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Saudi Women Return to the Roads Defying Driving Ban

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At least two female Saudi activists took to the streets yesterday as part of an ongoing campaign to end the kingdom’s de facto ban on women driving. Saudi law prohibits women from being granted licenses, rather than banning women from driving. The effect, however, remains the same. Saudi Arabia is the only country in the world that bans women from driving. Originally termed the October 26th Campaign, activists planned several driving campaigns, the latest being yesterday (12.29.13). The aim was to persuade as many women as possible to drive in order to protest the ban. Saudi activists claim that more than 60 women drove in the original October 26th protest.

Yesterday activist Tamador AlYami was pulled over by a police car in the eastern port city of Jeddah only minutes after beginning her drive. She was in the car with another female activist who was filming the event. In the video she can be heard castigating the officer who had pulled her over, saying that she is not a criminal, and asking rhetorically him if he would have arrested a 15 year old boy who drove. The police officer remained polite and respectful throughout the encounter, but did call her husband to the scene, as well as reportedly making her sign a pledge not to drive again.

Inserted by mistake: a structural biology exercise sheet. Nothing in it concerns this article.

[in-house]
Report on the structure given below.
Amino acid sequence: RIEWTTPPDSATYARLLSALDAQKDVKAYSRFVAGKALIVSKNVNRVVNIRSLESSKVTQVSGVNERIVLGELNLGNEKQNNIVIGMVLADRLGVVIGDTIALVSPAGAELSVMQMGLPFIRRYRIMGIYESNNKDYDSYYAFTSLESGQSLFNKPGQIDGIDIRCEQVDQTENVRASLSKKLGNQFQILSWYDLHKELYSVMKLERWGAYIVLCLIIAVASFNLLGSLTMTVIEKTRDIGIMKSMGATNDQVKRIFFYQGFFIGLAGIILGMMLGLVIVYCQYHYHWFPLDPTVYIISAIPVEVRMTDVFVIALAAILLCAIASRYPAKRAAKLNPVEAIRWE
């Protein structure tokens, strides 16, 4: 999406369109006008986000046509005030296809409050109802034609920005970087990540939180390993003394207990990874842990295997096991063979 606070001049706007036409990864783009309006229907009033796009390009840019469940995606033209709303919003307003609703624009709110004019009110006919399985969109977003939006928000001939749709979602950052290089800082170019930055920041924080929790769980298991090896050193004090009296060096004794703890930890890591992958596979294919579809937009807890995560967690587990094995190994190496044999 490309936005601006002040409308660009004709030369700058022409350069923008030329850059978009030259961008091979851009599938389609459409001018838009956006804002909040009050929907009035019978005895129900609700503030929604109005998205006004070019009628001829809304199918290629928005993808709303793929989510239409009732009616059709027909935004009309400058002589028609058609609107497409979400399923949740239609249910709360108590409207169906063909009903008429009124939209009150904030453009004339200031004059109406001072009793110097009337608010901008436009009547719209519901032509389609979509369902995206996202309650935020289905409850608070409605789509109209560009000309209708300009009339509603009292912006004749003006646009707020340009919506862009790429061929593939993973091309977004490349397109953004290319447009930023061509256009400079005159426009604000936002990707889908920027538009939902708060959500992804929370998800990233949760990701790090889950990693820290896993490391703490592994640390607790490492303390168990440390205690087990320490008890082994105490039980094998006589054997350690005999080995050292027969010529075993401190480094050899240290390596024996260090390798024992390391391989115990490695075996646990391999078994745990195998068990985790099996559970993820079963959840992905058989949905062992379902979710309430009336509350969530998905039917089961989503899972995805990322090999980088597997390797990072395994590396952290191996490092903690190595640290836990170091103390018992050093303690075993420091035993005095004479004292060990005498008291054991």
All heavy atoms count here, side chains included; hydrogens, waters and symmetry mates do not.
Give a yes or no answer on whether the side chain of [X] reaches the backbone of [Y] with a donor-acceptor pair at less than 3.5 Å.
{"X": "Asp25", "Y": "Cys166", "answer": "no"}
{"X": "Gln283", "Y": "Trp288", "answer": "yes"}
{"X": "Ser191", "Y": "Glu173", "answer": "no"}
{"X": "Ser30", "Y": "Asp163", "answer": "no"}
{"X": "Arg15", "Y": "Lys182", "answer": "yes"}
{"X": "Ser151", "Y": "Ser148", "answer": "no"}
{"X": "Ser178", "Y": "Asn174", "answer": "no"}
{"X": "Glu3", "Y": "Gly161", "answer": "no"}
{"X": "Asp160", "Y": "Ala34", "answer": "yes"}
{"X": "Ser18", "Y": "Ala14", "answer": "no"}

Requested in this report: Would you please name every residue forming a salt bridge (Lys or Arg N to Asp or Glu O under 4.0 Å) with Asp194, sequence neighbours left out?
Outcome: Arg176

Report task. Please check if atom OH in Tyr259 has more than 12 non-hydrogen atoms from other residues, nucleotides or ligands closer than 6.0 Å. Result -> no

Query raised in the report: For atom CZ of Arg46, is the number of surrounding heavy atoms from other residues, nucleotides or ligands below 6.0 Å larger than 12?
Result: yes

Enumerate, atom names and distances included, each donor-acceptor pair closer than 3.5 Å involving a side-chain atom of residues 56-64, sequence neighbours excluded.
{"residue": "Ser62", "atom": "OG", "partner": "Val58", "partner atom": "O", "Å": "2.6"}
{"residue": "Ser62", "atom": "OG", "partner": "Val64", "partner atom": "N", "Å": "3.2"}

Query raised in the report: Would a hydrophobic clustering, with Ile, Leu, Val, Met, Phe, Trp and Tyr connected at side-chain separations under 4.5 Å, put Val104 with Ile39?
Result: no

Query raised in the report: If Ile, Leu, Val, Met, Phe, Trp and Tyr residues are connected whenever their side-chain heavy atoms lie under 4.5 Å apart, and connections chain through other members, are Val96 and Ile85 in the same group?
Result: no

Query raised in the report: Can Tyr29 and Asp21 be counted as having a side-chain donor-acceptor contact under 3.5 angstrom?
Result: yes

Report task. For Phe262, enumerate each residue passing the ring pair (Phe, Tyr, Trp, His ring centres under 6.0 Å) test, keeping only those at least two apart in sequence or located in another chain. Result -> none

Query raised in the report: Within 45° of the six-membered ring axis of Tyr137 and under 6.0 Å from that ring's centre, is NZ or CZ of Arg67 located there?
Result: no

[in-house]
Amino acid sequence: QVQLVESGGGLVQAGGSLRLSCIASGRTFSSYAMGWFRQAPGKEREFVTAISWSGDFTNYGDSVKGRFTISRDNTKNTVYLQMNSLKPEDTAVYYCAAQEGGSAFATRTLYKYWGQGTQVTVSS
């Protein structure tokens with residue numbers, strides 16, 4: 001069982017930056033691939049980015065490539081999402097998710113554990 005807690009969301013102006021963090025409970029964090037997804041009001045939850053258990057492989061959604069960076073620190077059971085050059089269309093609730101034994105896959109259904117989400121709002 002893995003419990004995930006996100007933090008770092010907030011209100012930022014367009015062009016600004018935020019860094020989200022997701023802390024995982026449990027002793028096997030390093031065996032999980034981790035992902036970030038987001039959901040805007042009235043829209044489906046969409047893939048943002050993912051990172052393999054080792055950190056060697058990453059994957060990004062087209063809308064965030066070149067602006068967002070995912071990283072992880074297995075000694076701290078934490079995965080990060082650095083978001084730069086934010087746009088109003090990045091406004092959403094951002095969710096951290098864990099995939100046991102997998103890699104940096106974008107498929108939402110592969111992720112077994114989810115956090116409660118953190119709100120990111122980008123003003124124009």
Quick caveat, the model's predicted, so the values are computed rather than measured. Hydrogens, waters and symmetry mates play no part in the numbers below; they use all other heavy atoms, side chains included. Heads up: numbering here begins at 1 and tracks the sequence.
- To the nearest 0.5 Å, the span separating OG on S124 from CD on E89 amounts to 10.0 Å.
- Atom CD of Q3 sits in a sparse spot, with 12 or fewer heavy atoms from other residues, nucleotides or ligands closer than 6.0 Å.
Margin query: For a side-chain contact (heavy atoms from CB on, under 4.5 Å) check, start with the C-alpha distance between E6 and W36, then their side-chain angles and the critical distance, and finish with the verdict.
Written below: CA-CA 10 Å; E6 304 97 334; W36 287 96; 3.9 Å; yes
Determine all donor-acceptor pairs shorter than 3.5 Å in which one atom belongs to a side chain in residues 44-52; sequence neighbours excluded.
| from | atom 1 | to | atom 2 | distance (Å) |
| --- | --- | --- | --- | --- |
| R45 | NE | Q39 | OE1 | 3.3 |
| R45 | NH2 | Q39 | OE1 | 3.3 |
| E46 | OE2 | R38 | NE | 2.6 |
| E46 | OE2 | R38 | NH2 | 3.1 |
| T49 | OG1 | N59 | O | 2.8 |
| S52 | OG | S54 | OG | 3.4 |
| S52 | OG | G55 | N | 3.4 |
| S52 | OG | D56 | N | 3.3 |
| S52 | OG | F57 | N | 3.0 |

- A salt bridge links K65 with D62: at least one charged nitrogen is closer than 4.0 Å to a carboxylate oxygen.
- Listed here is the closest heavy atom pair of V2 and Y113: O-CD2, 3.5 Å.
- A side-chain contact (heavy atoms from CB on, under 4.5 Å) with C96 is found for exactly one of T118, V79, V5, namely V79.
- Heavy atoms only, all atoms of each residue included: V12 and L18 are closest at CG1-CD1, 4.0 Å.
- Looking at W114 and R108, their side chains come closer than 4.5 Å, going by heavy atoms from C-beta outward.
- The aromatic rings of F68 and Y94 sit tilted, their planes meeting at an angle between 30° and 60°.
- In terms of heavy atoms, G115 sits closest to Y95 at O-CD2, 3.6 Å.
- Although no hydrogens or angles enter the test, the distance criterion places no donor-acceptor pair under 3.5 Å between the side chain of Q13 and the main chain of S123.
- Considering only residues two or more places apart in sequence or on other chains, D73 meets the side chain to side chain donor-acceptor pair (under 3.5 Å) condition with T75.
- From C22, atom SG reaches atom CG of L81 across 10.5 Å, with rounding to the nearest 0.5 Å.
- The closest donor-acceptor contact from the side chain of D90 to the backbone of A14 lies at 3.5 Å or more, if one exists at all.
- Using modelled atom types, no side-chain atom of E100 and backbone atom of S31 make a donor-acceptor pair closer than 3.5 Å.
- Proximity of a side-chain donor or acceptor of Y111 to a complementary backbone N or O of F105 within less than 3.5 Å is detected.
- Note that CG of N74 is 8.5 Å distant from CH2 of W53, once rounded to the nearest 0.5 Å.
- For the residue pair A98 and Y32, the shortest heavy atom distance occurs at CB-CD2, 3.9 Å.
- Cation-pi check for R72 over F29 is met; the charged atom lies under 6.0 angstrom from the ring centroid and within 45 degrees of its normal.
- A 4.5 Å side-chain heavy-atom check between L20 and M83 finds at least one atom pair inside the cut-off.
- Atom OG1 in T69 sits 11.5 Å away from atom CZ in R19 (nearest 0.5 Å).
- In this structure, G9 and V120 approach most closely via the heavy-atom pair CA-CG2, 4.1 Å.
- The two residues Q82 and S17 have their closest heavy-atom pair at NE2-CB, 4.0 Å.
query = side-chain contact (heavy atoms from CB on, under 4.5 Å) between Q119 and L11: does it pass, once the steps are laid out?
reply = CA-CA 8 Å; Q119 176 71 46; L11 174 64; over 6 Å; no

Saturday's continuation built on previous successes, but many challenges are faced by the activists. In the previous protest women’s activist and celebrity Loujain Hathoul, who flew back to Riyadh from Canada and had her father film her driving herself home from the airport. The Ministry of the Interior then summoned her father and forced him to sign a pledge not to allow her to drive again.Eman al-Nafjan, one of the prominent organizers of the campaign wrote on her blog “When we at the October 26th Campaign were looking for a celebrity to announce the campaign, we contacted people who we knew were pro-women driving. They all refused because they feared that they would lose followers, fans and might have trouble at their places of work or study.” Loujain Hathoul was one of the few who responded positively. Saudi Arabia is a very conservative country, and opposition to women driving remains high.

One Saudi cleric, Sheikh Saleh bin Saad al-Lohaidan, recently claimed that driving would damage women physically, claiming that it “automatically affects the ovaries and pushes the pelvis upwards.” The official website of the campaign, was hacked on Saturday by someone who opposes women driving.

Women in Saudi Arabia remain cautious about taking part in demonstrations. Many activists received phone calls from the Interior Ministry, and fears of legal action prompted some activists to call off the October 26 drive, instead switching to an ‘open-ended campaign’. "Out of caution and respect for the interior ministry's warnings … we are asking women not to drive tomorrow and to change the initiative from an October 26 campaign to an open driving campaign," activist Najla al-Hariri told AFP news agency.